Can't you just feel the pain of some of the folks nominated for Golden Globe Awards this year?
Sure, it's hard to feel sorry for beautiful people making ridiculously large amounts of money for playing pretend. But they have feelings, too. Well-coifed and coutured feelings, yes, but feelings, nonetheless.
How much of a Loser, capital L, would you feel like if you were nominated for a fancy award and they cancelled the party and the telecast?
Take Tina Fey, for example. Here she is, all nominated and feeling the love for her show, "30 Rock." Yes, the show already won an Emmy last year, but still, it's up for best comedy, she's nominated for best actress, it's a big-buzz show and a big-buzz party. A chance to celebrate with bigger names than your own, have designers ship you gorgeous dresses, fabulous shoes and diamond-encrusted jewels to show off to the world.
And then: Never mind.
There will be no awards show, no red carpet, no glitz, no dress or diamonds, no free meal and champagne with the glitterati. Instead, they'll hold a press conference.
Sounds like exactly the kind of thing that would happen to her socially challenged character on "30 Rock," Liz Lemon, doesn't it?
The cancellation of the lavish, star-studded Golden Globes extravaganza was announced Monday. The Writers Guild of America said members would picket the show, and no actors, card-carrying union members themselves, would dare cross the picket line. It's finally the answer to the old question: What if they threw an awards show and nobody came?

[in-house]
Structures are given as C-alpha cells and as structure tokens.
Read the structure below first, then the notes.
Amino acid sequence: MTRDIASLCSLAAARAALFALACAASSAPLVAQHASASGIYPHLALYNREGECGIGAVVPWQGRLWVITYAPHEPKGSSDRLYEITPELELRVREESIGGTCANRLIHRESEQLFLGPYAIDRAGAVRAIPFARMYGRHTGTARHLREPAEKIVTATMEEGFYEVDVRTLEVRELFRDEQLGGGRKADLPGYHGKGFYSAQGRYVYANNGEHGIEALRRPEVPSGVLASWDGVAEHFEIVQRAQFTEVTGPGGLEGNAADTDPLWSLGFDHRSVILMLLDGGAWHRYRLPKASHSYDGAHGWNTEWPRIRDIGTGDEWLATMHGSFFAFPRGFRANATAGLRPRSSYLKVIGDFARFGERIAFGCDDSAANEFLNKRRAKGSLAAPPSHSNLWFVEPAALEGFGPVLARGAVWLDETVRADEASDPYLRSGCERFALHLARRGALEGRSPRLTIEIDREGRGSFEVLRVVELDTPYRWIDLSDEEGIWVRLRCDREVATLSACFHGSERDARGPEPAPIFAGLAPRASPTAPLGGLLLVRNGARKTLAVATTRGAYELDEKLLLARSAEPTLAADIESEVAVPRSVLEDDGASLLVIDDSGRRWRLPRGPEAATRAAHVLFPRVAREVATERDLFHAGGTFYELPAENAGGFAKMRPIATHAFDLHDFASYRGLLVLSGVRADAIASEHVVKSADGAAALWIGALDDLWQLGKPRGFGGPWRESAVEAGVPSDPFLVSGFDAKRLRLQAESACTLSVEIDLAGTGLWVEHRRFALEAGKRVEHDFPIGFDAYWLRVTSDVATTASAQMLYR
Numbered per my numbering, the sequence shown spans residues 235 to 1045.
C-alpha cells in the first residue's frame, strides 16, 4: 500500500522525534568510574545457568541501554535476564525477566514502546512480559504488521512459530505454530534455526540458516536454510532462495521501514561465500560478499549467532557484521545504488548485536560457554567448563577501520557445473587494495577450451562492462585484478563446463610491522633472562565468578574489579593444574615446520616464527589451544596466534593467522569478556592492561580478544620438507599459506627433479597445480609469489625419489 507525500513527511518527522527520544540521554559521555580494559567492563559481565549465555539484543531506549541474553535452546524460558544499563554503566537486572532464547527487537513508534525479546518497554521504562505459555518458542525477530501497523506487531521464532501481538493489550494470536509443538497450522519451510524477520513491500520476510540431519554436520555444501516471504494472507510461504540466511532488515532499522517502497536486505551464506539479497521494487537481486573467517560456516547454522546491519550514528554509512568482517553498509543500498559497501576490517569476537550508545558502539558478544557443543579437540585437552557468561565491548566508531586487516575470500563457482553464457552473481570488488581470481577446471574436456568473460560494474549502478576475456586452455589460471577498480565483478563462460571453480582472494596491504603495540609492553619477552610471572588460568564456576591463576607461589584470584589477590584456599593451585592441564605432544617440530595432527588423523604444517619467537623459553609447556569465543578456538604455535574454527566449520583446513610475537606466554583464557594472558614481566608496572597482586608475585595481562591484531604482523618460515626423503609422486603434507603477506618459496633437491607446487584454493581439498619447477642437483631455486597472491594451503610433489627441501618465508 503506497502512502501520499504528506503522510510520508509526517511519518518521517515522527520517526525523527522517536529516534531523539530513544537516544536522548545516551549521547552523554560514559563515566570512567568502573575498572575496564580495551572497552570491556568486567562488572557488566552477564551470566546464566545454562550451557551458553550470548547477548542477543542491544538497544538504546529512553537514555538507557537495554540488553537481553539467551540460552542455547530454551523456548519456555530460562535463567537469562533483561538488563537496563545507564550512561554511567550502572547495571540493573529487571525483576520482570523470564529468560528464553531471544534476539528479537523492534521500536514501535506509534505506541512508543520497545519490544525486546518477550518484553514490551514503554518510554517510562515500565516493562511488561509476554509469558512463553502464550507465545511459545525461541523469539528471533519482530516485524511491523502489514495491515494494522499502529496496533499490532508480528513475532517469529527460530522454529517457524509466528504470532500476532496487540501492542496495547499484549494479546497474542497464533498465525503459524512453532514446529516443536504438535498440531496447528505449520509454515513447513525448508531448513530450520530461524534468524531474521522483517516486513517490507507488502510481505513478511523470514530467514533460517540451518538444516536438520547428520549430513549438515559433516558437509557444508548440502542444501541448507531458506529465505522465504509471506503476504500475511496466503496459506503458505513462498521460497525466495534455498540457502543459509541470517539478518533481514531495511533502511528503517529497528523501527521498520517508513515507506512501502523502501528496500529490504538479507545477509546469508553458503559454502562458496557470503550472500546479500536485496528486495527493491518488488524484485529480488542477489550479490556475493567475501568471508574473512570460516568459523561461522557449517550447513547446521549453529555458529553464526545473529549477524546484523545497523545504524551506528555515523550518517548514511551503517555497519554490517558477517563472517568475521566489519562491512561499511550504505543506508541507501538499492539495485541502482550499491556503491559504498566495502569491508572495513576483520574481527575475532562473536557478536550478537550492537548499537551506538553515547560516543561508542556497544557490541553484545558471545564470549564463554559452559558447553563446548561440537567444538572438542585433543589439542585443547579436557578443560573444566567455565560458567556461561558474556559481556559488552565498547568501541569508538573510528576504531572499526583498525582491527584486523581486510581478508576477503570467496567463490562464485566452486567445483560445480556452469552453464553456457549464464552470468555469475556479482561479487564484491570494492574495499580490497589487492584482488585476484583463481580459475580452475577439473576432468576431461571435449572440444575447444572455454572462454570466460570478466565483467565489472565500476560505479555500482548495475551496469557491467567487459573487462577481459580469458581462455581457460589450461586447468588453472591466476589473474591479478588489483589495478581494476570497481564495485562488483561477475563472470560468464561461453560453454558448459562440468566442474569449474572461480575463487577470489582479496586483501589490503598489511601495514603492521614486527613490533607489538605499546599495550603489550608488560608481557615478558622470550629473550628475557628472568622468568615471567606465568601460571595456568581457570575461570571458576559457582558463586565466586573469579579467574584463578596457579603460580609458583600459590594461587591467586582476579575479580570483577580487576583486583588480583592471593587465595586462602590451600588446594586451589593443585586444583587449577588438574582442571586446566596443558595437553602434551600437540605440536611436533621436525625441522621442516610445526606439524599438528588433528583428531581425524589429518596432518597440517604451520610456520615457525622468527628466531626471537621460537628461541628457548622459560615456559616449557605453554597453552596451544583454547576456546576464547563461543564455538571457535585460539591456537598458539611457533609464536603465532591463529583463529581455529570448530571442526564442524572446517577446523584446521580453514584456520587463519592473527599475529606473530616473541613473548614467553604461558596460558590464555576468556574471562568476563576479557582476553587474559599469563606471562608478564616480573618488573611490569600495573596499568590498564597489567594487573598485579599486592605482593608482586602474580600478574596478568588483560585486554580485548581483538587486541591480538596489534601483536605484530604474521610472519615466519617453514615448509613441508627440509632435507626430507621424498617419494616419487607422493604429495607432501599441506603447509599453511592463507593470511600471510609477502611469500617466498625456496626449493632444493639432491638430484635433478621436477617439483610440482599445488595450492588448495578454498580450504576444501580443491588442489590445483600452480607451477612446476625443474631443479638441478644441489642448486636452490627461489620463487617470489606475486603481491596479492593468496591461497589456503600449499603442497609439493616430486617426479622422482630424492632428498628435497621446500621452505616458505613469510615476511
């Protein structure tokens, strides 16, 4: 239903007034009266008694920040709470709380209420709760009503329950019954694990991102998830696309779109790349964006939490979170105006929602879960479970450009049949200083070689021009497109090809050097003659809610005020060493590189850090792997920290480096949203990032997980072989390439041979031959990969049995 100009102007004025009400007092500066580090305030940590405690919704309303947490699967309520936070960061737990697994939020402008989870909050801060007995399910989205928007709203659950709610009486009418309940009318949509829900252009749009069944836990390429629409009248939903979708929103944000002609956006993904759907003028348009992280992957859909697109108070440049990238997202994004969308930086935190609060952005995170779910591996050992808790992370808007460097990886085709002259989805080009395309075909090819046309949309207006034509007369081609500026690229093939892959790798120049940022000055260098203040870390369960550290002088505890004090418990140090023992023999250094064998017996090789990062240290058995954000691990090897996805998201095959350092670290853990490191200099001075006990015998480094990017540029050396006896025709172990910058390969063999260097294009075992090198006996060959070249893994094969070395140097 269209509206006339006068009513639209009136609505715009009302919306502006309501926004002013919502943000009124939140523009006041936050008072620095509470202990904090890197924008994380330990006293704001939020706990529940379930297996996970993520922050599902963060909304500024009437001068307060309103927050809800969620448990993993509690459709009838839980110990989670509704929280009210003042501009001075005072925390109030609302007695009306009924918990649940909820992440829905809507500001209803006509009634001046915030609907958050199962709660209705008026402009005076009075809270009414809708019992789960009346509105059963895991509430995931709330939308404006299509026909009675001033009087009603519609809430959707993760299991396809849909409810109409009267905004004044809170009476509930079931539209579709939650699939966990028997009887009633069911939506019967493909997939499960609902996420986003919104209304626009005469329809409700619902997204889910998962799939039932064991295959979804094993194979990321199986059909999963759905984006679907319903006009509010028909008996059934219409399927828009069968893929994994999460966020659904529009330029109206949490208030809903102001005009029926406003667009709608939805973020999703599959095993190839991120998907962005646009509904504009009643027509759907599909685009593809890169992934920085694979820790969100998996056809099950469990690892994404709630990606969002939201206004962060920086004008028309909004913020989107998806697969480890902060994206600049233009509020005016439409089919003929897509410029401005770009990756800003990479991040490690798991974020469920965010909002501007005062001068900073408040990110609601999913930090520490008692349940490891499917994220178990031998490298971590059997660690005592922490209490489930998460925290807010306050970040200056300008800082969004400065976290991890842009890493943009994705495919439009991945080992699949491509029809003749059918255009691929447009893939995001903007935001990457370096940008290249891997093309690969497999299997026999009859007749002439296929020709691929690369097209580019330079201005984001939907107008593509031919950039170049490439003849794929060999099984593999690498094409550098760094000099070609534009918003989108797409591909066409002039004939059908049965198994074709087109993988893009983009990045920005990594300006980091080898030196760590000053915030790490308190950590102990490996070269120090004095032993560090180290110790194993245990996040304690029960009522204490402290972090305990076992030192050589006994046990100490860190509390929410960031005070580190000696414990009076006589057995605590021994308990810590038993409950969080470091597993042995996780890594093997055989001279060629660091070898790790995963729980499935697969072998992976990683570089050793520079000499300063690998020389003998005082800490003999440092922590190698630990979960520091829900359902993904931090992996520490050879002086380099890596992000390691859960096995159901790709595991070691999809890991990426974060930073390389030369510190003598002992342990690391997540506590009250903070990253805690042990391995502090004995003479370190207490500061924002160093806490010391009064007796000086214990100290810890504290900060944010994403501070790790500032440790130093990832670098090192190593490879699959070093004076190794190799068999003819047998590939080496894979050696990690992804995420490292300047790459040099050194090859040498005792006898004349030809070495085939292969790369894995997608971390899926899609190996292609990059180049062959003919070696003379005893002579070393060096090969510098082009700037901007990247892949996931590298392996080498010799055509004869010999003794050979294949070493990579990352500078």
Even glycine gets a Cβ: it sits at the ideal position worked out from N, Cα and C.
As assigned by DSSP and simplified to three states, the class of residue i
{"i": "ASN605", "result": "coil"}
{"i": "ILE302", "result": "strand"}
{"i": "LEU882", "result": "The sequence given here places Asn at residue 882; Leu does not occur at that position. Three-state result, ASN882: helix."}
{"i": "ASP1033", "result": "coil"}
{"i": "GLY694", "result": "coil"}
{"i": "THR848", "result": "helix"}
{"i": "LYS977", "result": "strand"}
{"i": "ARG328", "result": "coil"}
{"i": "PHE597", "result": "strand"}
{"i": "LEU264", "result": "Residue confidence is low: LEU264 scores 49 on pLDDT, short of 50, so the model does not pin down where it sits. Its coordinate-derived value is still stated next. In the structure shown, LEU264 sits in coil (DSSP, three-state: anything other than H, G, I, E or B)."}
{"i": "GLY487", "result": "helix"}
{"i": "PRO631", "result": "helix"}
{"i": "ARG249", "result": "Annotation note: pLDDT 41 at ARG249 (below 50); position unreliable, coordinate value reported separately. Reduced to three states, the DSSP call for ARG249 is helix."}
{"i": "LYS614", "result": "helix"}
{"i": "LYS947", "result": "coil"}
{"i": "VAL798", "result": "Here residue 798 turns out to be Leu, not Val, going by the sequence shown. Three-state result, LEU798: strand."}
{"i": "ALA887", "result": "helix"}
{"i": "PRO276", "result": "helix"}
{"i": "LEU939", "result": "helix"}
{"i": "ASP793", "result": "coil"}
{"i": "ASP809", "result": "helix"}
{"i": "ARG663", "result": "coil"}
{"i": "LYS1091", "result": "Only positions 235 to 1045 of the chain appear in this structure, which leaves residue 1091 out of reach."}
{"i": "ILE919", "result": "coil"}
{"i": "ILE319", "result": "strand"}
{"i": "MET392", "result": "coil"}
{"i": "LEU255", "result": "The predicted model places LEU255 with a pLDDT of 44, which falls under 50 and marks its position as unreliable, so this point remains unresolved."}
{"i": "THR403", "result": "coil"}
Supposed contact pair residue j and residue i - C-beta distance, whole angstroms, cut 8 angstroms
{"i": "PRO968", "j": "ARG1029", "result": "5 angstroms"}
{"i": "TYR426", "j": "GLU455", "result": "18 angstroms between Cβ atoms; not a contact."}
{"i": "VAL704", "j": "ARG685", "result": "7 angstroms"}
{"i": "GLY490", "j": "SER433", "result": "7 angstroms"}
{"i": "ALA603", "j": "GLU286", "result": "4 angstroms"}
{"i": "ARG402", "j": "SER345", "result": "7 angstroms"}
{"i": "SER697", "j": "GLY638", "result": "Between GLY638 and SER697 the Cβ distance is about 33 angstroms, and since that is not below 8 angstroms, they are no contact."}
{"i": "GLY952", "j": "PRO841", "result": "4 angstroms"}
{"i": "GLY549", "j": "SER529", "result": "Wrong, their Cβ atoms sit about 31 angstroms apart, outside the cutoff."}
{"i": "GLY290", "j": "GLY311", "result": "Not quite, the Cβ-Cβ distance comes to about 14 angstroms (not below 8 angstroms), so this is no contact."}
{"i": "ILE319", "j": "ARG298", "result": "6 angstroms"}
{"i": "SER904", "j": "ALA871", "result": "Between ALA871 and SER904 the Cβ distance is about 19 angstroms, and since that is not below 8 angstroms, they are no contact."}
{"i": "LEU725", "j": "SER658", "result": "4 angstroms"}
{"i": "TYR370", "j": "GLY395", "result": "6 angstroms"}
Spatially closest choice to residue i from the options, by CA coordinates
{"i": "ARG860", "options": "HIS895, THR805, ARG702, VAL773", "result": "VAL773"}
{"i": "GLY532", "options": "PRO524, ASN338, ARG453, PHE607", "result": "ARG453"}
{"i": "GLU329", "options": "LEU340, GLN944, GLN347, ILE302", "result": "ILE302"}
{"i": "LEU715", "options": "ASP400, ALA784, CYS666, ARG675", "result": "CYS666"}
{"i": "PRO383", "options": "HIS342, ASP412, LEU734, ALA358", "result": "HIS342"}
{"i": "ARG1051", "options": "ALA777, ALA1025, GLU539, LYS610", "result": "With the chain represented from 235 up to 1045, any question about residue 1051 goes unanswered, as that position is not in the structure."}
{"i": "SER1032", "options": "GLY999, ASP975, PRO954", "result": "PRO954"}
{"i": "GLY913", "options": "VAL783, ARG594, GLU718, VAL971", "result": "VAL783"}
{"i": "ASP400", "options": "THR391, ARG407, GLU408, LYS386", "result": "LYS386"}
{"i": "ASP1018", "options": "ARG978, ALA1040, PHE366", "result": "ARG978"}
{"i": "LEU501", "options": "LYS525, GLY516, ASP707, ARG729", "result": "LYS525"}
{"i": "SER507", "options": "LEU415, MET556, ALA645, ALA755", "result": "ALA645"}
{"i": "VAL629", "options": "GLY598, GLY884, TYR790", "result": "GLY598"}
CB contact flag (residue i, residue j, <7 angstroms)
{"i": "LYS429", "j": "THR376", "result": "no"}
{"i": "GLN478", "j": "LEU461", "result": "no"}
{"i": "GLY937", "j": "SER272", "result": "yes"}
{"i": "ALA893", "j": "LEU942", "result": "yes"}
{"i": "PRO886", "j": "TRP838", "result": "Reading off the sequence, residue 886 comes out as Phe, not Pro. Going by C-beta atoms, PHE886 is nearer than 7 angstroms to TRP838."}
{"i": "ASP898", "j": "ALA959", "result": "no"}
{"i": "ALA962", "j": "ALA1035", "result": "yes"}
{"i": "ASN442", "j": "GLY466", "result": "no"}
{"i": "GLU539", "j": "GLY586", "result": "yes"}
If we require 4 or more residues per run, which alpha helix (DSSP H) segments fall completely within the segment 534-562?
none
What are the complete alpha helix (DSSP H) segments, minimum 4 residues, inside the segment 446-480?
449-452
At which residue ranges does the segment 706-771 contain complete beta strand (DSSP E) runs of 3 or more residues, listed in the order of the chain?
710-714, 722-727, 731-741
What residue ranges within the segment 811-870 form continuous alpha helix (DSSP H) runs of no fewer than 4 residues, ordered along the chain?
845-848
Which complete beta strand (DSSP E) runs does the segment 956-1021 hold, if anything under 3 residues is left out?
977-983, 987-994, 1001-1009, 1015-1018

The Hollywood Foreign Press Association and broadcast partner NBC had no choice but to cancel the three-hour show and replace it with a one-hour news-conferencelike affair now planned for Sunday night.
It's disappointing because the Golden Globes are always the most fun of the awards shows. You get those TV and movie stars all boozed up, sitting at big dinner tables and mingling among themselves, and crazy things often happen.
I'll miss the gowns and the goofy pre-show interviews. There's no hoping Katherine Heigl will trip on her train walking up to the podium and put a little tarnish on her perfect little sparkle.
Alas, no mocking to be made.
It's just the latest casualty of this ongoing mess. It's not the end of the world or anything. Everyone knows the Golden Globes are, essentially, a meaningless reason to get a bunch of stars together for big ratings. But you have to feel a little pang for any first-time nominees who won't get to enjoy the honors.
The Academy Awards, though? That would be a different deal. If the WGA vows to picket the Oscars, set for Feb. 24, well, that would be a bigger issue. Hollywood-size.
I've supported the position of the writers from the get-go and still do. But some of the the good feelings the writers had going into this deal back in November are starting to fade. They're in a tough position, with the strike putting far more people, and far beyond their own ranks, out of work for a longer time than some might have expected.
All those names that scroll by during closing credits for all those shows you watch? They need to make a living, too.
Now that the shows available on all those channels have trickled down to midseason replacements and reality fare, the TV-viewing public might be feeling a whole lotta less love for the scribes, too.
So there won't be any fancy party/show on Sunday night. We'll all survive the loss -- even the poor stars who won't get to celebrate their nominations and wins with a grand televised event.
But the WGA tossed a hardball by bringing down the ceremony, suggesting a threat to do the same to the Oscars.
It will be interesting to see who takes it in the face in the end.
Scene editor Pat Clark can be reached at firstname.lastname@example.org.